The title of the project came from the shared etymology of the words "bead" and "prayer". The Old English word, bede, became synonymous with 'prayer' because of the rosaries. The form, amulets containing powerful messages or substances, comes from African Diaspora traditions. These amulets are usually worn on the body for protection, health, and power. Amulets containing prayers are found throughout the world. Some are collectively "worn" by being placed on architecture (e.g., Jewish mezuzahs paced on doorposts to protect inhabitants). The presentation of the project is born out of this strategy of communal adornment and collective empowerment via architecture and clothing.
The apparati in the Communicator Project connect one individual to another.These devices connect eye to eye, heart to heart, and head to head to yield empathetic and perhaps even telepathic communication. A promise between two people is remembered when each places a finger in attached miniature gloves. All were inspired by objects of material culture: a twin pair of antique spectacles, a doctor's stethoscope, an image of thread tied around a finger to remember a promise, and an edan (an object worn by Nigerian judges that symbolizes balance in communication).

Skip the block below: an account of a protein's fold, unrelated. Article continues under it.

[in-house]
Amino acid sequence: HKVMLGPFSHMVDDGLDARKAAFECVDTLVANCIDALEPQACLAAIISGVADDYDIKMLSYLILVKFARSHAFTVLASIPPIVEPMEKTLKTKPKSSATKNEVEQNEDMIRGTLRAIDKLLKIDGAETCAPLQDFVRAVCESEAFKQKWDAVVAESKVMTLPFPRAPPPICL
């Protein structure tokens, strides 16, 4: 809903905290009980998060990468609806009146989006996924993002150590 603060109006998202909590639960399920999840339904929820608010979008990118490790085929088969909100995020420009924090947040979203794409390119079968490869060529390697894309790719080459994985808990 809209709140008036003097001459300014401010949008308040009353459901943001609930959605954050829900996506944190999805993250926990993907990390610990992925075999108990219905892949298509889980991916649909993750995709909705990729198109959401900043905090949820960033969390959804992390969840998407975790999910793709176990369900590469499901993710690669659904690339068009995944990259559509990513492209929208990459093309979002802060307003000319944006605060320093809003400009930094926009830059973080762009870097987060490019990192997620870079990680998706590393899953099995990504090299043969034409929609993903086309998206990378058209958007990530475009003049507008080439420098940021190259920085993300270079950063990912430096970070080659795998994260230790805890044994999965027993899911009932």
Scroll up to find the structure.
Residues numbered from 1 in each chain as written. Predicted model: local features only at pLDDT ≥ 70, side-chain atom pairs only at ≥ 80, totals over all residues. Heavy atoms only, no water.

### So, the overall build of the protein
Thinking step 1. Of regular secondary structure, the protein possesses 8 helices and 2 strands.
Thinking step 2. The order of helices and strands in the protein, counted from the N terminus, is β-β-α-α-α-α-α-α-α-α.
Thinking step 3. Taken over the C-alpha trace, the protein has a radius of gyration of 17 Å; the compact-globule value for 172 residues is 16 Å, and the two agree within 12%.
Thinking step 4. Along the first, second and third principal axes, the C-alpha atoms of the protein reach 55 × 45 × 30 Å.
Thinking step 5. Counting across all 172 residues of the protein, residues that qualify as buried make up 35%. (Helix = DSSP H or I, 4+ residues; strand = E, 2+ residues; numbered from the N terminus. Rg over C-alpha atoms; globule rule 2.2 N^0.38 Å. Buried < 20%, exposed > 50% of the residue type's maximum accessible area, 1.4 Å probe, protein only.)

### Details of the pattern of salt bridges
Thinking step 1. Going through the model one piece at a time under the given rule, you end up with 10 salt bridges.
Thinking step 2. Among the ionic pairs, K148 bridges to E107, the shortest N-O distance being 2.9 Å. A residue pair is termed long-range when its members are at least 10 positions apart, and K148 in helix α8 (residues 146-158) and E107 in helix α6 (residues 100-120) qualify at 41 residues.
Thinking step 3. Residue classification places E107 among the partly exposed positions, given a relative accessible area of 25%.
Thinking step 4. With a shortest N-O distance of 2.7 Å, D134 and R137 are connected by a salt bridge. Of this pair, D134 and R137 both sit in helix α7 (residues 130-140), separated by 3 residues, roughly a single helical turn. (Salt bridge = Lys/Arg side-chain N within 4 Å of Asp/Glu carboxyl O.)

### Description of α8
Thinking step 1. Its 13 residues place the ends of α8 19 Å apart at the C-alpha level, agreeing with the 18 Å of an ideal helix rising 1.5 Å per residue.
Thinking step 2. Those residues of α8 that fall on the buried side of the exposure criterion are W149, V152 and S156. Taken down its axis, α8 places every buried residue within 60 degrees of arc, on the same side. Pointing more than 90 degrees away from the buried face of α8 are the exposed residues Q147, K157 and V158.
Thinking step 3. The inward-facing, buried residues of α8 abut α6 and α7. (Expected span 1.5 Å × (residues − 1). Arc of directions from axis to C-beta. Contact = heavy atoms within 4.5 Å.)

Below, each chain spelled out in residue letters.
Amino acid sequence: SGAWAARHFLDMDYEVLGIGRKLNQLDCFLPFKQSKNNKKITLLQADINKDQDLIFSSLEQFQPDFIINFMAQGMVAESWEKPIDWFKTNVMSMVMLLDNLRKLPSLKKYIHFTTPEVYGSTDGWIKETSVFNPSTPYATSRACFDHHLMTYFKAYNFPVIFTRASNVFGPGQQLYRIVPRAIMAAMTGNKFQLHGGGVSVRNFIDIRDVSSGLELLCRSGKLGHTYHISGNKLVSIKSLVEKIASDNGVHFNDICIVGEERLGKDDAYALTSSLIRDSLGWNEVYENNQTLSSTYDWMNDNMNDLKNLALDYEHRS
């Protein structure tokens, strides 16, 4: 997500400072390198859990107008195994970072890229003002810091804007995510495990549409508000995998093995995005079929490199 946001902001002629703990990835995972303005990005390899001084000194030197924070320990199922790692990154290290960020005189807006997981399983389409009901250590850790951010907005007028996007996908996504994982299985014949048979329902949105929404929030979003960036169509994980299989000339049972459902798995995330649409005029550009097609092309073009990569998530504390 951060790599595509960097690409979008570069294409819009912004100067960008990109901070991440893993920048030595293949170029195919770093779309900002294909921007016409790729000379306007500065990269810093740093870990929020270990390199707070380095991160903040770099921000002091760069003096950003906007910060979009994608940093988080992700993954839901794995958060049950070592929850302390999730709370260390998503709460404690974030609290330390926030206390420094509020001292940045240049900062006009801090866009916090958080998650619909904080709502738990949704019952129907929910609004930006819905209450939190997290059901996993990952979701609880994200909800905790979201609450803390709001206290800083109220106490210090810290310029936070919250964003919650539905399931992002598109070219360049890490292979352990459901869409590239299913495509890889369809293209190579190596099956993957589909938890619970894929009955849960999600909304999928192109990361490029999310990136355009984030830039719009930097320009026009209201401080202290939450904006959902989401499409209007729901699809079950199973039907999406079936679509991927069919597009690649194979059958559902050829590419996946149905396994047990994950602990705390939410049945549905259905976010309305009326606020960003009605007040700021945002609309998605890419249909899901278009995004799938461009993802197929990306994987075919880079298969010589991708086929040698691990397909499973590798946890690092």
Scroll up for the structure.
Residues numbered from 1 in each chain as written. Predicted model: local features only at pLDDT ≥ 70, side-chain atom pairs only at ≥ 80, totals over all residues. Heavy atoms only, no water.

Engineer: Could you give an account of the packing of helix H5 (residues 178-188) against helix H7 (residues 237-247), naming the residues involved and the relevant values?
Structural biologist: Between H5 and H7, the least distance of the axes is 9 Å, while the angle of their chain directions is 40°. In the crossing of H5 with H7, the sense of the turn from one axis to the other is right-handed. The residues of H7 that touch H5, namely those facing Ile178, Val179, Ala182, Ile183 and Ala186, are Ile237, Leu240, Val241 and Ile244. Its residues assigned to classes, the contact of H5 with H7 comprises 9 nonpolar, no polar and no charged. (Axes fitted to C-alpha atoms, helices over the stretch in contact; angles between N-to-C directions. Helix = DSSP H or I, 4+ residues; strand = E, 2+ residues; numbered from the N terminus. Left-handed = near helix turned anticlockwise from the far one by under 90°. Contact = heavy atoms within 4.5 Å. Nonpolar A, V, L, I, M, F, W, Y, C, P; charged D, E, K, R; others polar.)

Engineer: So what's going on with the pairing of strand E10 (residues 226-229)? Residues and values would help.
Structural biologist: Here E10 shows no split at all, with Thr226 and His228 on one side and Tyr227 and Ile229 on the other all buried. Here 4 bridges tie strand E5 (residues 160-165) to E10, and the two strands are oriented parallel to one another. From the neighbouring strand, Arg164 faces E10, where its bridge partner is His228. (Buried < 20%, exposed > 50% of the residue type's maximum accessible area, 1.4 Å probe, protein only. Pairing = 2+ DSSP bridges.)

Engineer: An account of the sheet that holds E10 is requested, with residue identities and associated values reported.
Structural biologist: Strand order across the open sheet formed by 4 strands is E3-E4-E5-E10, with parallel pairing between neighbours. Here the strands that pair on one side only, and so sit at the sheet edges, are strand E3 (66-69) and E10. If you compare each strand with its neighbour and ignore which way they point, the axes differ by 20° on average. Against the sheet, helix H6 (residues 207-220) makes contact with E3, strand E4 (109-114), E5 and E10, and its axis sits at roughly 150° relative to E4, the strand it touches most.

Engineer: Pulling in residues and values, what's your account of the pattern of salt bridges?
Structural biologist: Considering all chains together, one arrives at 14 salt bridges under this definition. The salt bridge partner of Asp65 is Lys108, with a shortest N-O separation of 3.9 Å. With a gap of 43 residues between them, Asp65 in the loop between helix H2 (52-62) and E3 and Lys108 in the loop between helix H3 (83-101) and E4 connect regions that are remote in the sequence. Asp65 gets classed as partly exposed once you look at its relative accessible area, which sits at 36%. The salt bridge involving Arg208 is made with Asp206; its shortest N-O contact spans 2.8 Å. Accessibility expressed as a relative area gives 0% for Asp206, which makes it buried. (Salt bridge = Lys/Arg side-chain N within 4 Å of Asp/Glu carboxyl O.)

Funded by Culture Works in Richmond, Virginia, The Hair Craft Project is based on the premise that hairdressing is the primordial textile art form. That is to say, hairdressing is the earliest manipulation of fiber toward an aesthetic and functional purpose. As an artist and facilitator, I will bridge two Richmond communities through the project: Black hair salons and recent alumni of VCUarts’ nationally ranked Fiber Art program (according to US News and World Reports 2008.) The complex artistry of hairstylists will be fused with the skills of alumni from the Department of Craft/Material Studies at VCUarts. The project aims to break down barriers by crossing boundaries between hair salons and art galleries as sites of aesthetics, craft, skill, improvisation, and commerce.
Stay tuned for more details…
The Kente Flag Project involved the making of a hybridized cultural object, its presentation to people with a hybridized identity, and their imbuing of the object with their narratives. The piece mixed elements of African and Western/American culture. Handwoven in an African weave structure but on an European loom, the piece combined American flag and Ghanaian kente cloth (both symbols of identity and cultural pride). Kente patterns for strength and endurance, advancement and achievement, and prosperity were woven into the design.
A gele is a woman's headwrap. Its beauty is in the individuality expressed when each woman wraps her head. Fifty African American women were asked to wrap their heads and be photographed. While wearing the gele, they were asked how they felt about kente cloth, the flag, and the term "African American".